I don’t know exactly what it was that caught my eye, but I started staring at my hands while I was typing the other day. My fingers were flying over the keys, as usual, and I was in the middle of a brainstorming draft session, and my attention suddenly shifted away from my thoughts and settled on what my hands looked like. It took me a few seconds, and then I came to a startling realization: I was staring at my mother’s hands.
I’m not a doctor, and I’m certainly not up to speed on anatomy and physiology – probably because I’ve never taken an A&P course – but there certainly are some similar structures and looks to our hands. I won’t describe them very well at all, due to my lack of knowledge about the technical terms for body parts, so please forgive me. I just know that when I reach for the space bar, there is something about that bottom knuckle in my left-hand thumb that reeks of my mother’s thumb. If I hadn’t fallen back into that old terrible habit of chewing my fingernails while thinking and writing, my thumb would look exactly like hers.
I don’t think my mom and I look alike at all. I have had some people tell me that they can tell I am my mother’s daughter, just from our physical appearance, but I don’t see it. Other people have told me that we have the same laugh, but I don’t hear it. I think that’s why it struck me as so unusual that I saw her hands in mine. The way the skin scrunches under my pinky when I extend my fingers. The way there are four straight, raised lines branching out from my fingers and into my hand when I spread out my fingers to stretch them. The way my rings never fit my finger the right way; they always seem to be turned to the side. The way my knuckles, when my fingers are fully extended, look like my boys’ bellybuttons a few days after they were born. The way we have deep crisscrosses all over the tops of our hands and fingers. I got it all from my mom.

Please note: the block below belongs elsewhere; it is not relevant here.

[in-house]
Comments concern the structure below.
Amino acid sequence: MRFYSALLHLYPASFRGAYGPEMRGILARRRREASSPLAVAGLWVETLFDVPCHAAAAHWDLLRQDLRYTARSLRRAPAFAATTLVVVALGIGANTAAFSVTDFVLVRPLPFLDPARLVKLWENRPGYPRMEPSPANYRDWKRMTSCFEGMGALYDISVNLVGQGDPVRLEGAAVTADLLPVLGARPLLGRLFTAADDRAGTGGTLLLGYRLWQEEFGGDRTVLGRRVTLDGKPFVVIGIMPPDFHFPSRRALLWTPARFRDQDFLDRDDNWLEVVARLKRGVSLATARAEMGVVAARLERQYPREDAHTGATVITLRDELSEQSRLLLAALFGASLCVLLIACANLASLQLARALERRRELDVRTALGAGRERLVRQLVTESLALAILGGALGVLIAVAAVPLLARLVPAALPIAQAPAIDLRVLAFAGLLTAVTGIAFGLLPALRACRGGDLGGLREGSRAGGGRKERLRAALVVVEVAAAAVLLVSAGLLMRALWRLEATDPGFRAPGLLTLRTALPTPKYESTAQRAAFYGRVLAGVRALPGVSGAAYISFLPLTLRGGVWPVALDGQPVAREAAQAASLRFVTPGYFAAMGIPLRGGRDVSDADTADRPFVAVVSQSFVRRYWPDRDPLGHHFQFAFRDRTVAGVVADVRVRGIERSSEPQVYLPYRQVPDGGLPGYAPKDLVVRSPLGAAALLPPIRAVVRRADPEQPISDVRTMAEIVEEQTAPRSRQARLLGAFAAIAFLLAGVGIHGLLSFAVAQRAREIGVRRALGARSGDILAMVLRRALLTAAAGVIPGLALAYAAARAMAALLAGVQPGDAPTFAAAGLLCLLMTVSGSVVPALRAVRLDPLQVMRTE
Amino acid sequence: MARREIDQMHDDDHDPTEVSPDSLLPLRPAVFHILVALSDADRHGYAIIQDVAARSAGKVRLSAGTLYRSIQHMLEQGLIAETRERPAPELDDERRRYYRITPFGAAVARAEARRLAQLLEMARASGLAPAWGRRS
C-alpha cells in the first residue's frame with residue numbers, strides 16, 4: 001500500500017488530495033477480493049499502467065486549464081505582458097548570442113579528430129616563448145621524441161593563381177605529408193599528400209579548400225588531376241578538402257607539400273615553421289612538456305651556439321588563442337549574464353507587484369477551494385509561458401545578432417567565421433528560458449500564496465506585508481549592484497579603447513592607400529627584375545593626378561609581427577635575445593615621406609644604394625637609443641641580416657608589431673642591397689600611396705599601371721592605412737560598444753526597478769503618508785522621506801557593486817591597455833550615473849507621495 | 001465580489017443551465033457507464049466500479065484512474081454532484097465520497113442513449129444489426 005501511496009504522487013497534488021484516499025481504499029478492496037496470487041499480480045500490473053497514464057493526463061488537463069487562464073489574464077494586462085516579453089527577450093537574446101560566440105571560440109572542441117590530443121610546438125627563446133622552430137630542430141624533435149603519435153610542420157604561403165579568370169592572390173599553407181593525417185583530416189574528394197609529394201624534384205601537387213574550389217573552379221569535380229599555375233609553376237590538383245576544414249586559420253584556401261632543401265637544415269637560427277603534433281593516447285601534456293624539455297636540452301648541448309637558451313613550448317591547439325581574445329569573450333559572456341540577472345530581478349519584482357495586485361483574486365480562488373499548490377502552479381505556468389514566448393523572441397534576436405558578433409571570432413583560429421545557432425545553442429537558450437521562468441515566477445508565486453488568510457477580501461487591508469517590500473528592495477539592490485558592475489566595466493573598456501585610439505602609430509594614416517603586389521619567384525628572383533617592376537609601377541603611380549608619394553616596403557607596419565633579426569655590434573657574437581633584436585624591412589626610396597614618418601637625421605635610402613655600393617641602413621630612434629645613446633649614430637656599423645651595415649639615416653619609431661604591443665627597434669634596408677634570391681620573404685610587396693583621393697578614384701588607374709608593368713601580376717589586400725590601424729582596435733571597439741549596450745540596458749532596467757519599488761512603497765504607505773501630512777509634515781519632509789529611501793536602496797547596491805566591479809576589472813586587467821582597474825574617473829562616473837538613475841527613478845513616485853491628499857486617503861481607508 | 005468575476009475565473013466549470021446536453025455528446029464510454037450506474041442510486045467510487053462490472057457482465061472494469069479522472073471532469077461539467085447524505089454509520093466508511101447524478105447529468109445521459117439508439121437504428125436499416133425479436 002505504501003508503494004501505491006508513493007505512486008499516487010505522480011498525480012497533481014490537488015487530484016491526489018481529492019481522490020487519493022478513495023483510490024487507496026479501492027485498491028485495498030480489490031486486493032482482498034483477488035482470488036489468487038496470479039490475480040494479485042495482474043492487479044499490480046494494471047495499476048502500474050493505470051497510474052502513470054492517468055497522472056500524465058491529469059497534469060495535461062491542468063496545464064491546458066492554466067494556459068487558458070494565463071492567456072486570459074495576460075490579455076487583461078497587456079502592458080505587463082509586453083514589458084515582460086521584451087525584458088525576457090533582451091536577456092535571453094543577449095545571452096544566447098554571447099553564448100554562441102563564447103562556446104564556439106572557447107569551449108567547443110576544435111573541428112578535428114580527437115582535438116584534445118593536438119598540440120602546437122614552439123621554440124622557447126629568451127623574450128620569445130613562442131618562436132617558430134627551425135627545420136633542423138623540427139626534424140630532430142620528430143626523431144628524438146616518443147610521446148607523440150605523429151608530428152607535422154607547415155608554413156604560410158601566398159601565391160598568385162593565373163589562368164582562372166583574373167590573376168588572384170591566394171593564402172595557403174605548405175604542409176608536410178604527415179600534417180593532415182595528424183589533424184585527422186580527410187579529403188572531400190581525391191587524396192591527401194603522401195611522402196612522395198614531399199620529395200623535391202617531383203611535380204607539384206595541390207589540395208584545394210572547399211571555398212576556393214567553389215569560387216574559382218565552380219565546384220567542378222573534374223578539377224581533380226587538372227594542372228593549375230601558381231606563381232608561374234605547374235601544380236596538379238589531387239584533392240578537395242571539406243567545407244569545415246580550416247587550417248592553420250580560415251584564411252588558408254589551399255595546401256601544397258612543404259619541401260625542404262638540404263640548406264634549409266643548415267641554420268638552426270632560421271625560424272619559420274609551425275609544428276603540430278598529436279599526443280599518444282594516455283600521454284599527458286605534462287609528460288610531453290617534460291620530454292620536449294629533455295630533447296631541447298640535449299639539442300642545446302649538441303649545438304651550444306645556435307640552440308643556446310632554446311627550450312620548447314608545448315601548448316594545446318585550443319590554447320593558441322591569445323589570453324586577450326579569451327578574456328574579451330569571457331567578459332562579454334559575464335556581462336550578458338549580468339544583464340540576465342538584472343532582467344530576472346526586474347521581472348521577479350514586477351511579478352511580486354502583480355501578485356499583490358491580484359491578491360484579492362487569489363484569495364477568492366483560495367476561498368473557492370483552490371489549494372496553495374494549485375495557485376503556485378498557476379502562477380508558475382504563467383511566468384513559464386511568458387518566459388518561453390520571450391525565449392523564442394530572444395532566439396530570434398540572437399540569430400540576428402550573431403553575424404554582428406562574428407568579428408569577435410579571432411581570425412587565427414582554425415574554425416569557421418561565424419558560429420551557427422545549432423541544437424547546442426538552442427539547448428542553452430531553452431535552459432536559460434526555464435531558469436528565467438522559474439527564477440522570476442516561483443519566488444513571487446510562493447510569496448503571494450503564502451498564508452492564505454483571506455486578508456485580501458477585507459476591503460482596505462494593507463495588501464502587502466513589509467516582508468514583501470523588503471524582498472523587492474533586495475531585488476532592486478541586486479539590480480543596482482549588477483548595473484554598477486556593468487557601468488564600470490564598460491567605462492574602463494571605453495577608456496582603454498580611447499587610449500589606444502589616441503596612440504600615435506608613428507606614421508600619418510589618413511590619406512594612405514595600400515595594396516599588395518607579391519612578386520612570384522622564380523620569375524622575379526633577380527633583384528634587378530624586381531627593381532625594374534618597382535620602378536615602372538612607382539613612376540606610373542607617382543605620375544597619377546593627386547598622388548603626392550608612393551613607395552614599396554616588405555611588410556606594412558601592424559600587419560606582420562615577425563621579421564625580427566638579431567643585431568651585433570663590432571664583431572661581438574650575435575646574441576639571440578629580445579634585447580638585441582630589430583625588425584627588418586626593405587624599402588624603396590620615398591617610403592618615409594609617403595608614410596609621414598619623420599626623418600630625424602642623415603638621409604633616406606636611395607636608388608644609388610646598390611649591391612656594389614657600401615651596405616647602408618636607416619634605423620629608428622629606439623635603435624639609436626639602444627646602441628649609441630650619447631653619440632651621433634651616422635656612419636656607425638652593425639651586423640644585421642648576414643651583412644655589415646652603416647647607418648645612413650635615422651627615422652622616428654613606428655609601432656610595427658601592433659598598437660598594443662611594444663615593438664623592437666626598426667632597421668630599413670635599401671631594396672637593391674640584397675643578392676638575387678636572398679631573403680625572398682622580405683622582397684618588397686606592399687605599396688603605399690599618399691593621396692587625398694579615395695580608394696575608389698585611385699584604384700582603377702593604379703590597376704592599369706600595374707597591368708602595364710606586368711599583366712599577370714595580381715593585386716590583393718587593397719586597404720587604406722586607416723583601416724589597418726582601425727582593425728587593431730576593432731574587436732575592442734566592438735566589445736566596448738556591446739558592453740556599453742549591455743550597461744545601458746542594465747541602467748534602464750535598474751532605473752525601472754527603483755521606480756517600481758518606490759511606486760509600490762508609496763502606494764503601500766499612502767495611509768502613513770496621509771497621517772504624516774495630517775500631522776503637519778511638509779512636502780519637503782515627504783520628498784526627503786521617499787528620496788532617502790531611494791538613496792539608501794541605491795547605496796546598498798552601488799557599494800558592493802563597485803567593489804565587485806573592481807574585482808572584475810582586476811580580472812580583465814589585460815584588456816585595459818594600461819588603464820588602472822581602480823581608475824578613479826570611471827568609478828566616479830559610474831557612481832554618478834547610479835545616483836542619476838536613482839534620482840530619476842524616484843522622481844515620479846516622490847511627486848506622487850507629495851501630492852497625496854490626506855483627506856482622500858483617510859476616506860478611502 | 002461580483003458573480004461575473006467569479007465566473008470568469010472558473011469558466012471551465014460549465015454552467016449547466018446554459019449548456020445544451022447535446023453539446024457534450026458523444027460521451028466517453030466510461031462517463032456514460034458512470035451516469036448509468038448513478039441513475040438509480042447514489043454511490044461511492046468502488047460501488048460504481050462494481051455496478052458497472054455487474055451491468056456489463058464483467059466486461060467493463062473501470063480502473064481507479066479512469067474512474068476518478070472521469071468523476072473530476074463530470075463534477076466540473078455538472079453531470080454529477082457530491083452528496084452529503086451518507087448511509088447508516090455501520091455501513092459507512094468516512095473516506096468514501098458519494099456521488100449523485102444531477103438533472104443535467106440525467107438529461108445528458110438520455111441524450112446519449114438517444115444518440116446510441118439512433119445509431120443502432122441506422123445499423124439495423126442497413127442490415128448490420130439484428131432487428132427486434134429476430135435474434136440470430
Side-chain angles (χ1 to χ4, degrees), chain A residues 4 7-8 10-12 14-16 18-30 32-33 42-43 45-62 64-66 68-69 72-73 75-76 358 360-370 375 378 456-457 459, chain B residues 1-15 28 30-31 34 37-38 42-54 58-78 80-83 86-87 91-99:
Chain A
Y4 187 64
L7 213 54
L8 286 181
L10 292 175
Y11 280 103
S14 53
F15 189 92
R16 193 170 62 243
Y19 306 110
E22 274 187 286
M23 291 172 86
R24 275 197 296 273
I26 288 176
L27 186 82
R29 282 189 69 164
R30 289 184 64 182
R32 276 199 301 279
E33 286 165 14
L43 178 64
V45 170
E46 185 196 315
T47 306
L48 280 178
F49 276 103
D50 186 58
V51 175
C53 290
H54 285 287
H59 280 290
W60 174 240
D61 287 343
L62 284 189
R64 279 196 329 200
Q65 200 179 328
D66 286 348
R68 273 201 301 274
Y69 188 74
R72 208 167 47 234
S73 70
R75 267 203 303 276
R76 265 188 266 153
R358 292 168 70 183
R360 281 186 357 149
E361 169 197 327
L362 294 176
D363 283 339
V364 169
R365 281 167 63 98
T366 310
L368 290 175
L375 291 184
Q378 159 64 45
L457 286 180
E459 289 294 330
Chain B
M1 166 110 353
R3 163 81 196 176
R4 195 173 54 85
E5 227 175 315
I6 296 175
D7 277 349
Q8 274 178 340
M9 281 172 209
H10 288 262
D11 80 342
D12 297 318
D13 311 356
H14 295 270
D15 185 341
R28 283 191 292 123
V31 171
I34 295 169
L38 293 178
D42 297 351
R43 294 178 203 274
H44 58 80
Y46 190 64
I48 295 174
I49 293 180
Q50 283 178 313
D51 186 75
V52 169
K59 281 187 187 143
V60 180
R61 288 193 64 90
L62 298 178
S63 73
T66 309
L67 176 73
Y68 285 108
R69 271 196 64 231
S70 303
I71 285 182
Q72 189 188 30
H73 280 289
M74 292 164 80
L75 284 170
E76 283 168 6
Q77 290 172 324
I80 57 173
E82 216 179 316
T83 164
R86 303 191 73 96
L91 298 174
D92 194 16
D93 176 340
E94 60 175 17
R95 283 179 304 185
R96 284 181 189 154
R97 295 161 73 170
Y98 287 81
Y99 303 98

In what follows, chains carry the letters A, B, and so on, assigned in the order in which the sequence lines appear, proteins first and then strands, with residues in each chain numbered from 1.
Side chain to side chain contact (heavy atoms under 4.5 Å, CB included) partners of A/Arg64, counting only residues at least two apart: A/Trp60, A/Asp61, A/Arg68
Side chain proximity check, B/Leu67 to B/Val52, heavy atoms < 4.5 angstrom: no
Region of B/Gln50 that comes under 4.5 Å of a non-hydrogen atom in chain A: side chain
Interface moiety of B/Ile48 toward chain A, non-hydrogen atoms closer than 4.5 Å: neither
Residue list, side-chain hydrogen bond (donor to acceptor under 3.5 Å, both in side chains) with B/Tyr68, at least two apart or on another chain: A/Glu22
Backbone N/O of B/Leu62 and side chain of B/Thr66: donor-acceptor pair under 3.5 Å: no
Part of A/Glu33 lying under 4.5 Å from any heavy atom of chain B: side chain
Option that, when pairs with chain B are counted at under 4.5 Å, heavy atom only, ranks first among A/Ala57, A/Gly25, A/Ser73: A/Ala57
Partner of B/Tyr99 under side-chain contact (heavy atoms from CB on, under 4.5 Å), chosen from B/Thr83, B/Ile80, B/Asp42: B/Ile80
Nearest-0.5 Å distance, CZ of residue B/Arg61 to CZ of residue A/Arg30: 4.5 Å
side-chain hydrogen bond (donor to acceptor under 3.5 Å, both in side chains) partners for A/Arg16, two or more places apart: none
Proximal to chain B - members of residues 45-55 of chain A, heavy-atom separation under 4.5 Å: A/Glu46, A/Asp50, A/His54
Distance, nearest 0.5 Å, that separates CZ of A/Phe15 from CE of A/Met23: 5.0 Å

Most people say with a great deal of derision that they don’t want to become their mothers. I’ve heard my mom say it about becoming my grandmother, and my brother and I tease her about how her driving is pushing her ever nearer to being Nana. My dad used to tease me about becoming my mom, and I always shot back: “That will NEVER happen!”
But then I became a mom. I needed my mom from the very second we brought that first precious little life home; with all of his eating issues and food allergies and my “touch of” postpartum depression (as the midwife so kindly described it), we needed her more than any of us ever could have imagined. I watched her soothe my screaming baby who violently vomited after every feeding by wrapping him in a blanket and carrying him outside to show him the world. Those hands pointed to the trees and the sky and clouds and my baby calmed down and slept. Those hands helped me bathe the baby after my husband had to go back to work and some nights had to work until closing time, leaving me feeling alone and scared and helpless until my mom showed up and saved the day and the night. Those hands took care of things when mine couldn’t.
I don’t simply see physical similarities in our hands; I see active similarities in our hands. These two sets of hands have cared for both of my children. They have changed diapers, felt for fevers, dried tears, applied bandages, and held little boys. They have put battle gear onto Ninja Turtles and made Thomas the Tank and Friends go down the hill without tipping over. They have stirred macaroni and cheese while getting milk into a sippy cup and not letting fish sticks burn.
I’ve learned so much about being a mother from my mom, and it’s funny how most of that learning happened through watching her hands. I guess I have become my mom. Or at least my hands have become her hands. And I could not be happier about that. What the Hell?